But during the party the ice around their subject begins to thaw, and the creature comes to life, breaking free in a flash from its chamber and leaping through the ceiling. The team then start a search for the alien in a dark and slightly difficult to focus on night time scene, and soon come across the mangled remains of one of their dogs. They then discover The Thing, who devours one of the team in the first scene of CGI heavy horror, before they are able to incinerate the creature, believing the conflict to be over … however little do they realise the true horror has only just begun!
An autopsy scene reminiscent of the first movie shows their colleague inside the beast, mid absorption in a horrifying scene with use of practical effects providing a comparative feel to its predecessor. What their facing with then becomes apparent as The Thing unleashes itself again having taken on the human form of one of the scientists, before the body divides in half from the face down and tentacles shoot out to overcome its next victim. In this scene the horror is diminished slightly as the CGI effects look very computerised, and it is here where critics of the modern version take hum bridge when comparing to the original.
However we all know the practically of movies using CGI effects in modern cinema just wasn’t an option for Carpenter back in the early 80’s. Yes it is the practical effects that gave The Thing (1982) its notorious visual tone, but in places the rework does aim to pay homage and blends in model work with the CGI in many of the horrific scenes. Although having a clear handle on the events that will follow, does somewhat diminish the suspense of the remake in comparison to its predecessor, both have a similar intriguing bleakness to the tone, and similarities such as the perfect use of tension created during mirrored scenes, as they perform a test on each other, designed to flush out who may or may no longer still be human.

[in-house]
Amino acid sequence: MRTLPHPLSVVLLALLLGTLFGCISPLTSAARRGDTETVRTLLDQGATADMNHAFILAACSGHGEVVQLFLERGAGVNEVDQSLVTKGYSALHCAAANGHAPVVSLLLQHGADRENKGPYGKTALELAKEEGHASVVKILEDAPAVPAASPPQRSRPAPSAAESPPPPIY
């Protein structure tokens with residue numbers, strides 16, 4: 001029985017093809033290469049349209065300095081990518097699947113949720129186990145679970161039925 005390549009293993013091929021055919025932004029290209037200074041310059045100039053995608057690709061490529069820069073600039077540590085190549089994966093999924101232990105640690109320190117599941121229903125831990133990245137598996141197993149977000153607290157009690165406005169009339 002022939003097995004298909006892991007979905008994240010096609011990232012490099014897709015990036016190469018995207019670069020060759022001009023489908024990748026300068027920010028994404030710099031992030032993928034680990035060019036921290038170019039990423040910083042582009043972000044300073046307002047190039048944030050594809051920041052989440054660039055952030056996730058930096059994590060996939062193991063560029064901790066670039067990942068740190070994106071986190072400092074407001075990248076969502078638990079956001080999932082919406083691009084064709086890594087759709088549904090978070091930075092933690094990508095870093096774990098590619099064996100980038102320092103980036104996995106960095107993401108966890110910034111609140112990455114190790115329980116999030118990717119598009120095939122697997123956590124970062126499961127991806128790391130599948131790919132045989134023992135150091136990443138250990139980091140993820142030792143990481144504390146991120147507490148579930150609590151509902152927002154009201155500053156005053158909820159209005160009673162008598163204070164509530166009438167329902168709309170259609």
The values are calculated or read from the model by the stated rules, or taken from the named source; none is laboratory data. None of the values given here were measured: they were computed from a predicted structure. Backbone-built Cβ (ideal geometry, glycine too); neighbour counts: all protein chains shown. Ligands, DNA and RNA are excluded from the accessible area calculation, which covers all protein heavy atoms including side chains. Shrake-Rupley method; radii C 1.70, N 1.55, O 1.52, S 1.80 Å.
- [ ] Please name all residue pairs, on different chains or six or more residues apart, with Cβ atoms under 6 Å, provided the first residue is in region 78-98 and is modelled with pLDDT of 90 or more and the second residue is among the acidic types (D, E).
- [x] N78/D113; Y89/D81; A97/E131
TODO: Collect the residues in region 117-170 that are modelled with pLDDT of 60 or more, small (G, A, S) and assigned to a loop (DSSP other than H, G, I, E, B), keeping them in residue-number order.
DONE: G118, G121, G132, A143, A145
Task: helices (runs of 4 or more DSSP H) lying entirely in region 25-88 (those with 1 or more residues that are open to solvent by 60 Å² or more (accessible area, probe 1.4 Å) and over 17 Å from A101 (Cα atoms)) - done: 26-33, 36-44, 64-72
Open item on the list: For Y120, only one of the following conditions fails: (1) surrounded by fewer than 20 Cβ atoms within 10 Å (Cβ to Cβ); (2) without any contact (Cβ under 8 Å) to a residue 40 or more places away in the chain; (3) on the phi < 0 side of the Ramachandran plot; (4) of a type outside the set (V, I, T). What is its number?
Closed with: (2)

In fact The Thing (2011) is clever in the way that it acts as a remake also mirroring many other classic scenes from the original, while also acting as a prequel, telling a story with different characters and providing an ending that perfectly links the two movies together. The subtler elements of the original maybe lost somewhat in the final third of the remake, and some of the dark shots are virtually impossible to watch clearly. But in our opinion it certainly is not a reimagining of a much beloved cult 80’s film, that should never have been made. In fact it brought the story to a younger 00’s audience, used to the over the top CGI effects. And if it helped introduce anyone to Carpenter’s classic, before diving down a rabbit hole of other such 80’s sci-fi horror … then that’s ok with us. KZ